As DFS players, we spend most of our time looking forward to the next slate, the next season, etc. Equally important, though, is looking back. Figuring out the thought process that leads to winning lineups is crucial. That’s what makes us better players in the long term.
We had a very interesting lineup take down the flagship $20 millionaire maker contest this week. Player “jarussell1025” didn’t follow most of the “rules” for GPP lineups — but is still a million dollars richer with just a single lineup. Let’s see how they did it and whether there are any lessons to be learned or if this was just a fluke.
The most noteworthy part of this lineup is the lack of a traditional stack, where a quarterback is paired with one or more of their receivers. Generally, we prefer to correlate quarterbacks with their pass catchers, since they have to throw the ball to somebody in order to score on their own..
However, there are a few exceptions where that can make sense. The first is when a quarterback produces much of their scoring with their legs. Justin Fields was a great example of that this week — 13.4 of his 24.16 DraftKings points were produced from rushing, and no pass catcher topped 100 yards or multiple touchdowns.
The other instance where rostering a quarterback “naked” makes sense is when they play for an offense with a wide distribution of production. That was the case for Purdy, whose four primary targets all have a target share of at least 15%. They all also cost at least $6,300, making it hard to pick out one or two that would pay off their salaries.
Those four primary receivers were the only players on San Francisco to catch a pass in Week 11. Three of the four caught a touchdown, with nobody catching more than one. While Brandon Aiyuk could’ve fit in some winning lineups with 29.6 DraftKings points — and was in three of the top five lineups — that wasn’t quite a “must have” score at his $7,200 salary
There were multiple non-QB stacks in this lineup, though. It used both Tank Dell and Devin Singletary for the Texans. Houston was favored in the highest total game on Sunday. Their offense looked to be extremely concentrated between Dell in the passing game and Singletary on the ground — making it possible for both players to have big days without bringing their quarterback along. This is the inverse of the 49ers situation, where a tightly concentrated offense can be built around without the quarterback.
We’ll talk about the Bills’ pieces when we get to the “sleeper” section below.
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It’s never a bad time to play Tyreek Hill, and “Cheetah” delivered again in Week 11. Hill was somewhat chalky at 17.8%, though that’s actually relatively low compared to what we normally see from top receivers in basically any scoring system.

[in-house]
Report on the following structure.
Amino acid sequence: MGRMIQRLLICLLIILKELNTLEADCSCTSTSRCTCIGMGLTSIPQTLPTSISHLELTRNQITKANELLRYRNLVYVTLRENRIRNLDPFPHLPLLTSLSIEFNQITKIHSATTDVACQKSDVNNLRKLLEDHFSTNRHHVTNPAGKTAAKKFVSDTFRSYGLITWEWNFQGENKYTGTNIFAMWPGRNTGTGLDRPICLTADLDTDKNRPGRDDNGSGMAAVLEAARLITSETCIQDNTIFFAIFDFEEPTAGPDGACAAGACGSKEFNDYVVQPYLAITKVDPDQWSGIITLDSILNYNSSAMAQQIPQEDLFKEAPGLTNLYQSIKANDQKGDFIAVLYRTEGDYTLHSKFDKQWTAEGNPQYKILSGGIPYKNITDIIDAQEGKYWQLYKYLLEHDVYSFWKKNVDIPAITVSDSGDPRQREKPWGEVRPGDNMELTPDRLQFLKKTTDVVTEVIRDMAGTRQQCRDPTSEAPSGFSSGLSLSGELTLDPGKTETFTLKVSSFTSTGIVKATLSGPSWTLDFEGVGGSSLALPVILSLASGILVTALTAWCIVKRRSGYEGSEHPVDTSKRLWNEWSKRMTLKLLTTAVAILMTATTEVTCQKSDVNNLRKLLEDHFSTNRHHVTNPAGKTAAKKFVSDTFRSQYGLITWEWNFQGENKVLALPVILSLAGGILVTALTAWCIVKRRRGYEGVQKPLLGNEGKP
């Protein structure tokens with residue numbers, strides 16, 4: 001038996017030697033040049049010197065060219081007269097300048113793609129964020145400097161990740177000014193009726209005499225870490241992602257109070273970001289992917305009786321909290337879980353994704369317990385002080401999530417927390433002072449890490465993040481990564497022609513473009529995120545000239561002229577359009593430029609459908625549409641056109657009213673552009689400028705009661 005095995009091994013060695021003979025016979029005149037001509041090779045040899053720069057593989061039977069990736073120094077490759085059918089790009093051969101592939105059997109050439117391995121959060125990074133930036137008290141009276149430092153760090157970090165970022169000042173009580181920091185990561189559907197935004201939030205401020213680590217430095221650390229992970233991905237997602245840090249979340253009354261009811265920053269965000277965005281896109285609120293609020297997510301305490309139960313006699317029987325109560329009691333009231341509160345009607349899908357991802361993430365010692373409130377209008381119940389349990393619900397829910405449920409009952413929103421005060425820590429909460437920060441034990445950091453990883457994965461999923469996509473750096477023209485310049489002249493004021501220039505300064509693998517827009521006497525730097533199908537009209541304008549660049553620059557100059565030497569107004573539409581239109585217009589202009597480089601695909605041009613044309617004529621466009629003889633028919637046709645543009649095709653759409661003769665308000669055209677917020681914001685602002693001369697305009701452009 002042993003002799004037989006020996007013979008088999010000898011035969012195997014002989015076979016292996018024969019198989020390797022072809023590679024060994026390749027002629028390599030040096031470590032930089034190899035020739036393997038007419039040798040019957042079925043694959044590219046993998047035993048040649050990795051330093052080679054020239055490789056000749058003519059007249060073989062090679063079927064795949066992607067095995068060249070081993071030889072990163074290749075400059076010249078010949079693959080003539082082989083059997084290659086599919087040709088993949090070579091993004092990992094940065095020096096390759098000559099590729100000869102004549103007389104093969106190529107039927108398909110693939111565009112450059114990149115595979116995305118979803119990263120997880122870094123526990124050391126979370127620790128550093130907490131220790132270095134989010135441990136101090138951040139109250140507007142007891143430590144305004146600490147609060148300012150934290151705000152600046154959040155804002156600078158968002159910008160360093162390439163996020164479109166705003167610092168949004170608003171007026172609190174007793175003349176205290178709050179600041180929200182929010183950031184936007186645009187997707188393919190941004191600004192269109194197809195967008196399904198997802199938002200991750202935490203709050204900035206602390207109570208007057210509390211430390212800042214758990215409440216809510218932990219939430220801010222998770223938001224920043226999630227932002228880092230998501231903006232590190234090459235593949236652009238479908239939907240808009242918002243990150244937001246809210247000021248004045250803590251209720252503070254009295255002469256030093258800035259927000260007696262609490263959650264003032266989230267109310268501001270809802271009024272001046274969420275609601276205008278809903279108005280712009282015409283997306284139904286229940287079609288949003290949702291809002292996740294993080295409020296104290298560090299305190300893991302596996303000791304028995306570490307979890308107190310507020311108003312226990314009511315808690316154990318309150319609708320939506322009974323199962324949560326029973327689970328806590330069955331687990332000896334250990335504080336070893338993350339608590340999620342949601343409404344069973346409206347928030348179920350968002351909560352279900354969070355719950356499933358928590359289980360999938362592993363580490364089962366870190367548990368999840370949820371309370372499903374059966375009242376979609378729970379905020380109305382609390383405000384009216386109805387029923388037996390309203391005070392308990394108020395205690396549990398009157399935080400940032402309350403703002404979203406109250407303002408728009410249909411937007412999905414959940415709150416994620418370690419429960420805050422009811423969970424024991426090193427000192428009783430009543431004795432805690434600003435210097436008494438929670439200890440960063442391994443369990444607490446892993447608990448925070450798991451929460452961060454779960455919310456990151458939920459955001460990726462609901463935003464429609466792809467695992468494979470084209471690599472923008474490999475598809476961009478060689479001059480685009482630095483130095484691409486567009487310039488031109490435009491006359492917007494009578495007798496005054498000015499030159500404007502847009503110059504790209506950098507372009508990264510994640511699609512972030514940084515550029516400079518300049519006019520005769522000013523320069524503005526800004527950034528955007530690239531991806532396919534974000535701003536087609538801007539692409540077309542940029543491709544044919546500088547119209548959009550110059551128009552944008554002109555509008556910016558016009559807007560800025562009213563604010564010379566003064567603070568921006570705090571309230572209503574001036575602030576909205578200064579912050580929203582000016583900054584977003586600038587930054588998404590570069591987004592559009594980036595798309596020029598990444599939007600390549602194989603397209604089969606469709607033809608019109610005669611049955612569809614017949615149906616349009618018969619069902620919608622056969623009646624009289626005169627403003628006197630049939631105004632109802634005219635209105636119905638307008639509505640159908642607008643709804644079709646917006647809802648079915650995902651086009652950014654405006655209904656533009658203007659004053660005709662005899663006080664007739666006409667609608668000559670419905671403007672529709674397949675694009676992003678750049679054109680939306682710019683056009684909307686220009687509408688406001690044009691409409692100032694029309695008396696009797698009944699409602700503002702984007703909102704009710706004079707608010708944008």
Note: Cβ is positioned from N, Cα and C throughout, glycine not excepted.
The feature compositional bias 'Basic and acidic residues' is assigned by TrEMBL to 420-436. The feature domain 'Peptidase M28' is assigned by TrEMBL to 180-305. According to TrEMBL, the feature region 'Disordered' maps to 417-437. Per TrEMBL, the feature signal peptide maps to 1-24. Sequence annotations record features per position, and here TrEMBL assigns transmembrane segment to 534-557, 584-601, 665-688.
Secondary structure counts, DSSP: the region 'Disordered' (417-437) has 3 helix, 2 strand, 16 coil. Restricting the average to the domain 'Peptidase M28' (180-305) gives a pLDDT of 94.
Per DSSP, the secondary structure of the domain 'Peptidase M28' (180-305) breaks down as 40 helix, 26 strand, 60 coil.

The Hill play also necessitated two cheap running backs. With Singletary already mentioned above, that left Brian Robinson of the Commanders as the fairly obvious choice. No other backs in that salary range projected nearly as well as Singletary and Robinson. I’d speculate that pairing Singletary with Dell also lowered the effective ownership of those players as a stack, which also helps out here.
Finally, DJ Moore was another midrange player who stood out in his price range. Moore and Dell were two of the top options in the $5,000 salary range, and Dell was already in this lineup.
My guess is that jarussel1025 was also building around a blowout narrative for the Bills, one of the more heavily favored teams on the slate. That explains including secondary passing options for Buffalo in Dalton Kincaid and Khalil Shakir. That makes perfect sense, as those players could see an uptick in usage if Buffalo rolls the Jets. Or, they assumed Stefon Diggs would be locked down by the Jets’ Sauce Gardner, forcing targets elsewhere.
Either way, the speedster Shakir caught just three passes — but they went for 115 yards and a score. He’s one of a few players like that who should be in weekly consideration. Receivers like Shakir and Rashid Shaheed (among others) have a floor of almost nothing but a large weekly ceiling since they can pay off their salary on one play.
Kincaid was….fine. Rostering Kincaid over the more popular — and better projecting — Trey McBride was arguably a mistake here. McBride cost less salary and scored considerably more. However, I’ll never fault anyone for fading the chalky tight end.
Finally, getting up to Dallas was somewhat contrarian. They were clearly one of the best defenses on the slate against a dysfunctional Panthers offense. Paying up for defense is usually somewhat contrarian, and this week was no different.